I’ve talked about my dislike of the current state of superhero/science fiction franchises here and here. They’re bloated, overdone, past their prime, and exist as money-making efforts to draw nostalgia-soaked dollars from Boomers and Gen-Xers instead of reflecting today’s culture.
It doesn’t mean, however, that the superhero genre is dead. Movies like They Call Me Jeeg prove that there’s not just life in the genre, but relevance, too.
Enzo, the protagonist of the film, isn’t the kind of hero we want, but he is the hero we deserve. The hero we’ve elevated to primary status in our culture’s misguided quest to eliminate traditional heroic traits in favor of anti-heroic qualities. Faith is pushed out of public life to uphold the fictional value of “separation of church and state.” Honor is considered a quaint, archaic tradition no longer practiced in everyday society. And bravery has been so diluted by overuse that too many of us no longer know the difference between the risking of one’s life to save another and telling one’s parents one’s choice of bedroom partners: both are considered equally courageous.
For his part, Enzo possesses very little of these qualities: he’s a petty crook, a ne’er-do-well who falls into a canister of radioactive waste in the Tiber River, emerges with superhuman powers, and uses them to advance his meager position in life. He falls in with a young woman who thinks that he’s the incarnation of an anime superhero named Hiroshi from a cartoon called Steel Jeeg, and the story proceeds from there.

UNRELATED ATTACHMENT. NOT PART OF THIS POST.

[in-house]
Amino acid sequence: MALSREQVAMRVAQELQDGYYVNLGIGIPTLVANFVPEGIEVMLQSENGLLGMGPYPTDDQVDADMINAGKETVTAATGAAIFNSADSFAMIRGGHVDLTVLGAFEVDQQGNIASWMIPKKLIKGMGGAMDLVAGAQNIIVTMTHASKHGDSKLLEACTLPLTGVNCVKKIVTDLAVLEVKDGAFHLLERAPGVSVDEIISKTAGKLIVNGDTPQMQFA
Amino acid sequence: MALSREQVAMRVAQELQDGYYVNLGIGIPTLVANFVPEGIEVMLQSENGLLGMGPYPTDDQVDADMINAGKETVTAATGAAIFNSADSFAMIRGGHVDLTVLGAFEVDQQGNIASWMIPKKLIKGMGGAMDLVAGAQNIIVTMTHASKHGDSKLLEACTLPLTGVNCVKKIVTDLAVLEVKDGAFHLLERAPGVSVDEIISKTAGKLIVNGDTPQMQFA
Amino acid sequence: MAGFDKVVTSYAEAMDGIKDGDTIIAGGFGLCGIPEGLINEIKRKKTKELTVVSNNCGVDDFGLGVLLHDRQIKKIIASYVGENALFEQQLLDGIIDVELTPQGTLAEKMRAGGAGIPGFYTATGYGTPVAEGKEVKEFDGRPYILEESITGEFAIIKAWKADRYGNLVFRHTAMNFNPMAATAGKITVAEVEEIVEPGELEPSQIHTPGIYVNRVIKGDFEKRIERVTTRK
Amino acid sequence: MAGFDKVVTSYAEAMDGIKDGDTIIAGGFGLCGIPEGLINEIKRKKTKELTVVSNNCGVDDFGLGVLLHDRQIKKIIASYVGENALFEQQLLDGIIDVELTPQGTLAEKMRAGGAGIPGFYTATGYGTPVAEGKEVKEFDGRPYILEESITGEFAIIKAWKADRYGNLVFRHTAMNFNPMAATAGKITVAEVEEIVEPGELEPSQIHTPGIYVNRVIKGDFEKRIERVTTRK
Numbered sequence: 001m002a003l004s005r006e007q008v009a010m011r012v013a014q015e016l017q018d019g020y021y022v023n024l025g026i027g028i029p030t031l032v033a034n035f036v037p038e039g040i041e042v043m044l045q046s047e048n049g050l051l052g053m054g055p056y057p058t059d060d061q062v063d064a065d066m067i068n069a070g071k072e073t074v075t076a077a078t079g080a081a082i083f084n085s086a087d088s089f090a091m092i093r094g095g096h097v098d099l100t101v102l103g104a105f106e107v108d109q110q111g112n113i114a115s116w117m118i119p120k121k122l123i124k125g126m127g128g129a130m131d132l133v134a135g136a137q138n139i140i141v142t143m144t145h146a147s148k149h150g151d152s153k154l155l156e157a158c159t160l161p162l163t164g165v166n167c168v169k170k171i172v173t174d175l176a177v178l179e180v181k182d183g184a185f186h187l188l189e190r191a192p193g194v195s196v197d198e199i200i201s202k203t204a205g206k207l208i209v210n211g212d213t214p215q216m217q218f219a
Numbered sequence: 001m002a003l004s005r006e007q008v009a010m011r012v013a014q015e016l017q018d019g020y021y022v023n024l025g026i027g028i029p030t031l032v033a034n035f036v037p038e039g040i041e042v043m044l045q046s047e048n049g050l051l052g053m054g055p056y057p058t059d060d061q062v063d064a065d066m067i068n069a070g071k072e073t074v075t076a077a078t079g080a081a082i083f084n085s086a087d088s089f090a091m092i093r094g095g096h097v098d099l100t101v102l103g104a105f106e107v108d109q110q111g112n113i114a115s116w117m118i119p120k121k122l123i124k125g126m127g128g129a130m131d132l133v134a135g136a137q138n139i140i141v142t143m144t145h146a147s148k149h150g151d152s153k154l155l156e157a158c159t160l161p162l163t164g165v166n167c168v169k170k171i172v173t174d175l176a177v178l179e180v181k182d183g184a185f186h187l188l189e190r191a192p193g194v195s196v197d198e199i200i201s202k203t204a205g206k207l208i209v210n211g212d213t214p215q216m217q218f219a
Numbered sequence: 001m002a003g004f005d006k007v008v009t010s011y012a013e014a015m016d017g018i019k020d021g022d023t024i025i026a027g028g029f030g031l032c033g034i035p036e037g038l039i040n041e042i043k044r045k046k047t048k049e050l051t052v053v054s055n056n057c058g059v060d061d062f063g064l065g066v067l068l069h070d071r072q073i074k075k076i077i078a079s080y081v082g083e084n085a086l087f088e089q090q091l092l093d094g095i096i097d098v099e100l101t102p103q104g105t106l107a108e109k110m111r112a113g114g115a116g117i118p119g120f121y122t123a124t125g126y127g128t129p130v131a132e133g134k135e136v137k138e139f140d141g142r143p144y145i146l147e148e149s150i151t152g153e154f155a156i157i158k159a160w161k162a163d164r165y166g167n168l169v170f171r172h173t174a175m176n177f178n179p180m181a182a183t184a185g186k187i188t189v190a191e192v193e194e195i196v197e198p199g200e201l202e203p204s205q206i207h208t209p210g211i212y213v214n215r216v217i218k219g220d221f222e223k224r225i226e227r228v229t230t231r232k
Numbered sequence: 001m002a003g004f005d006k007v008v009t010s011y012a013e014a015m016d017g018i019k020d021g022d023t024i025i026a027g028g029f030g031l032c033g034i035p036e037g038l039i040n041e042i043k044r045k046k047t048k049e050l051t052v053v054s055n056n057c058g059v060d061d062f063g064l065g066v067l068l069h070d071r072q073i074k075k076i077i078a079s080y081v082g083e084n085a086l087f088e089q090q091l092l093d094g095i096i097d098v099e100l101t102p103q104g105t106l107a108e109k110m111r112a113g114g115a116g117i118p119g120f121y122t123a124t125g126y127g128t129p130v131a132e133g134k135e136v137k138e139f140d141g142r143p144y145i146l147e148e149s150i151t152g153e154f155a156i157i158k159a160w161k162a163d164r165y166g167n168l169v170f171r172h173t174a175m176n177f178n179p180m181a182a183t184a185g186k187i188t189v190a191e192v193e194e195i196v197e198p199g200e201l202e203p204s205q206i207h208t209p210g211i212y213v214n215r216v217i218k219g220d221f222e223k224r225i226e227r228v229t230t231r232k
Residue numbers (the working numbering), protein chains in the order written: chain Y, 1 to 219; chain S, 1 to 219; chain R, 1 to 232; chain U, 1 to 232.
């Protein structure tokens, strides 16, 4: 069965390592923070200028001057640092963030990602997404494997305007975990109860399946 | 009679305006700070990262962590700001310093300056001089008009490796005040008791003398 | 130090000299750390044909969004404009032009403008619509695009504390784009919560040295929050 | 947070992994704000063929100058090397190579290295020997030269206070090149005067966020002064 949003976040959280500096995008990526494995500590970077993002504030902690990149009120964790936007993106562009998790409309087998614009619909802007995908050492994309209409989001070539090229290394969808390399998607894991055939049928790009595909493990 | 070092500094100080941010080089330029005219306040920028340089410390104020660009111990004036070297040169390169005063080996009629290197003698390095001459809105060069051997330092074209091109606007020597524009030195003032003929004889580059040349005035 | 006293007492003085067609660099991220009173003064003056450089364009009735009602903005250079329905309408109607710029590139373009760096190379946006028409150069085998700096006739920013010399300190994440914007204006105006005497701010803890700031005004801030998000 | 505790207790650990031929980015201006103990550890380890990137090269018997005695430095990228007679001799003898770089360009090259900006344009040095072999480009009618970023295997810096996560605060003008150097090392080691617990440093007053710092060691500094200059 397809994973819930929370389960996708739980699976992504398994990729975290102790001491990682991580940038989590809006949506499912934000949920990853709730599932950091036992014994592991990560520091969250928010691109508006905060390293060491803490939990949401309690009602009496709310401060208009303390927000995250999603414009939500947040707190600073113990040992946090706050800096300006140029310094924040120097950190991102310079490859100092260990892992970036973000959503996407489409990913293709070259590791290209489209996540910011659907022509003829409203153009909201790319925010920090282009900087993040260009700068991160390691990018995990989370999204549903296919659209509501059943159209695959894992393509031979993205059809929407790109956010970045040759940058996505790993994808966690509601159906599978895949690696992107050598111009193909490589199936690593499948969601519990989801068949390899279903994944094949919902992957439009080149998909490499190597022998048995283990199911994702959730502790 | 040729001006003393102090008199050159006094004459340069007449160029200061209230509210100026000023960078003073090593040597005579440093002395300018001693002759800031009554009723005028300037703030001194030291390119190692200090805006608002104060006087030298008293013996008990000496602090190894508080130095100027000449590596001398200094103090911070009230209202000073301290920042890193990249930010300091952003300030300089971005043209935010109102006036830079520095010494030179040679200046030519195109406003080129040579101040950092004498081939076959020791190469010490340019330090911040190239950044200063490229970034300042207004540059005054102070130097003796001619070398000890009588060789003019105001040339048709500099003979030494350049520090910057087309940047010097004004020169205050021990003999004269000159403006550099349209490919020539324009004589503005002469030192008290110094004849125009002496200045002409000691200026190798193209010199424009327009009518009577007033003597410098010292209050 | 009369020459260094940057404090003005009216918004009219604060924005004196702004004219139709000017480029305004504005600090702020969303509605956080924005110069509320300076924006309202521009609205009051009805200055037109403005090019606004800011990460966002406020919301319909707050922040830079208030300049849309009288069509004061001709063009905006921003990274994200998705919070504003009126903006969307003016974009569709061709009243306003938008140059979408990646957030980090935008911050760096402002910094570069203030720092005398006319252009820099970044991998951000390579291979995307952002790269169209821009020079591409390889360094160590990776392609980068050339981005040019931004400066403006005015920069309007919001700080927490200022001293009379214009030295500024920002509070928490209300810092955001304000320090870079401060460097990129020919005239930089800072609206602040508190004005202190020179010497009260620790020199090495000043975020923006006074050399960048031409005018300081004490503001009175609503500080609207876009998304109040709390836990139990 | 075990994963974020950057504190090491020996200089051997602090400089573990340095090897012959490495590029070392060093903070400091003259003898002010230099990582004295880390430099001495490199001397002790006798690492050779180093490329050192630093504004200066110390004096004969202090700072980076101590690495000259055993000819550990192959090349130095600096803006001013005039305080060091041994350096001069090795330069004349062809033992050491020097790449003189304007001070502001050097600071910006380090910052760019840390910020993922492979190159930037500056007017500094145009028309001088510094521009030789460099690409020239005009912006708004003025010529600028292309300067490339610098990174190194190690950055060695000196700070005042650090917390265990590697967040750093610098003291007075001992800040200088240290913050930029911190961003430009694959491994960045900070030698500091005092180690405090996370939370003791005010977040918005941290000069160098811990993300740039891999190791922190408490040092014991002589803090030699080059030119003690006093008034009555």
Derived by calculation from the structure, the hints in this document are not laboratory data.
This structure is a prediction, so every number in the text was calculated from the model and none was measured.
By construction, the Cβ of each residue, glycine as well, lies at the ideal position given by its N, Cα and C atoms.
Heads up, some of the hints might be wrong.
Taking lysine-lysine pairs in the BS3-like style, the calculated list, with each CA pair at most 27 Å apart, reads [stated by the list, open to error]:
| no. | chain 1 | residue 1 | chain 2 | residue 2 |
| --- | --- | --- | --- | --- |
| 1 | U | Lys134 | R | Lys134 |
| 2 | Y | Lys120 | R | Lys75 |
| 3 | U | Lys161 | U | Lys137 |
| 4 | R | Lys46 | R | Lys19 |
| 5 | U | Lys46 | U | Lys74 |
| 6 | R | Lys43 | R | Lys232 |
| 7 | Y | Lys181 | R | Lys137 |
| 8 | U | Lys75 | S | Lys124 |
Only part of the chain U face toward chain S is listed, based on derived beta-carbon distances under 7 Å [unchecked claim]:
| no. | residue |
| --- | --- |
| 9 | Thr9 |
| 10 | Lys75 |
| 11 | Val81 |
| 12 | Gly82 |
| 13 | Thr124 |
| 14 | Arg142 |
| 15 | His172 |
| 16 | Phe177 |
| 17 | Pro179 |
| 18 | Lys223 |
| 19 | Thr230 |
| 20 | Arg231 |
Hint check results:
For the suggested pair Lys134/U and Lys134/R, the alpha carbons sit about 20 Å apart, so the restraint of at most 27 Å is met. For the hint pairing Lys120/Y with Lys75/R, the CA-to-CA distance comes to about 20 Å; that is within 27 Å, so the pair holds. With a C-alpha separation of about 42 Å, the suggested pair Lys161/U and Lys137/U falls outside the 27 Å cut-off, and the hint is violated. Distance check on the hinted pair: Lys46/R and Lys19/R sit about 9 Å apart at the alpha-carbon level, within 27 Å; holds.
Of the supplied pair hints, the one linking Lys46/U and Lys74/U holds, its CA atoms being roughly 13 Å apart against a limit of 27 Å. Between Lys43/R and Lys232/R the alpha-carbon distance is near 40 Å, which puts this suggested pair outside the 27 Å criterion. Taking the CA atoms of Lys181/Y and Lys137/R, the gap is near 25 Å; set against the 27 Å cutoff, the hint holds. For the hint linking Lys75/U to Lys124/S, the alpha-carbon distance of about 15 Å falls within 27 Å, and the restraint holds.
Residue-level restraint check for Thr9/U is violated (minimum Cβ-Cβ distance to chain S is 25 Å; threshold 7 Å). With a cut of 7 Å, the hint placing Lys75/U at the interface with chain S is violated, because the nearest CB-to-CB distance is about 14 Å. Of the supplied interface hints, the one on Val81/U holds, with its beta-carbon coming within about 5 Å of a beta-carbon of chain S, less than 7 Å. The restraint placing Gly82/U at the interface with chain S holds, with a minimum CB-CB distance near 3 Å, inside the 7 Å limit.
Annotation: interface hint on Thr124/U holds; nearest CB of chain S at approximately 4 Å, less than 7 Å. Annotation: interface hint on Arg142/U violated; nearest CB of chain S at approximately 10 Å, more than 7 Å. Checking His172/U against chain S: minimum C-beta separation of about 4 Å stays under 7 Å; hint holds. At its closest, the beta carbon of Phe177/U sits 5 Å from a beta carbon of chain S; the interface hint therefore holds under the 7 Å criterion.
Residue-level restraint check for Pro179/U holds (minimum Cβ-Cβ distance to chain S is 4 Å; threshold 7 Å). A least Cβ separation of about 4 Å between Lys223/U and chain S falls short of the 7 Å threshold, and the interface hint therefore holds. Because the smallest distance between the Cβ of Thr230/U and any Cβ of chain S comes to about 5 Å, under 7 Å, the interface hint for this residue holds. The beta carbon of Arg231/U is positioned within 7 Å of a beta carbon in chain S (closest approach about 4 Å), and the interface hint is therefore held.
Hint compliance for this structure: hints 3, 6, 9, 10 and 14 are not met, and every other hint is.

With his sleepy eyes and unkempt, unheroic appearance, Claudio Santamaria is the perfect choice to play Enzo, a man who eats nothing but vanilla pudding and spends his first ill-gotten windfall on pornographic DVDs. You can’t like him at first, then you don’t want to like him, and then you’re rooting for him by the end of the film. Ilenia Pastorelli as Alessia brings a fragility to her role that makes her steal every scene she’s in: she could explode at any moment, so you have to keep an eye on her. Everyone else exists as temporary allies or, for the most part, antagonists. Enzo’s opposite number is Zingaro the Gypsy, a small-time gang leader who Luca Marinelli plays with hilariously violent panache.
Our culture’s obsessions with social media, viral videos, and reality television are aptly lampooned throughout the film, showing us how difficult it is to have a truly secret identity in the 21st century, particularly if you find yourself having to do noteworthy things just to get by. Enzo’s powers, despite that we’ve seen them in superhero-soaked presentations across all known media platforms, still manage to elicit awe, particularly in how he makes use of them.
The movie does hit a couple of snags: it’s a bit long, perhaps longer than it needed to be, so it drags in parts. And there’s a subplot about fascist terrorists in Rome that wasn’t worked into the plot terribly well. Still, it deftly combines humor, pathos, and social commentary in an entertaining, unforgettable presentation that makes you wish for a sequel, even though you know it won’t happen.
They Call Me Jeeg is a great movie. What’re you waiting for? Get watching.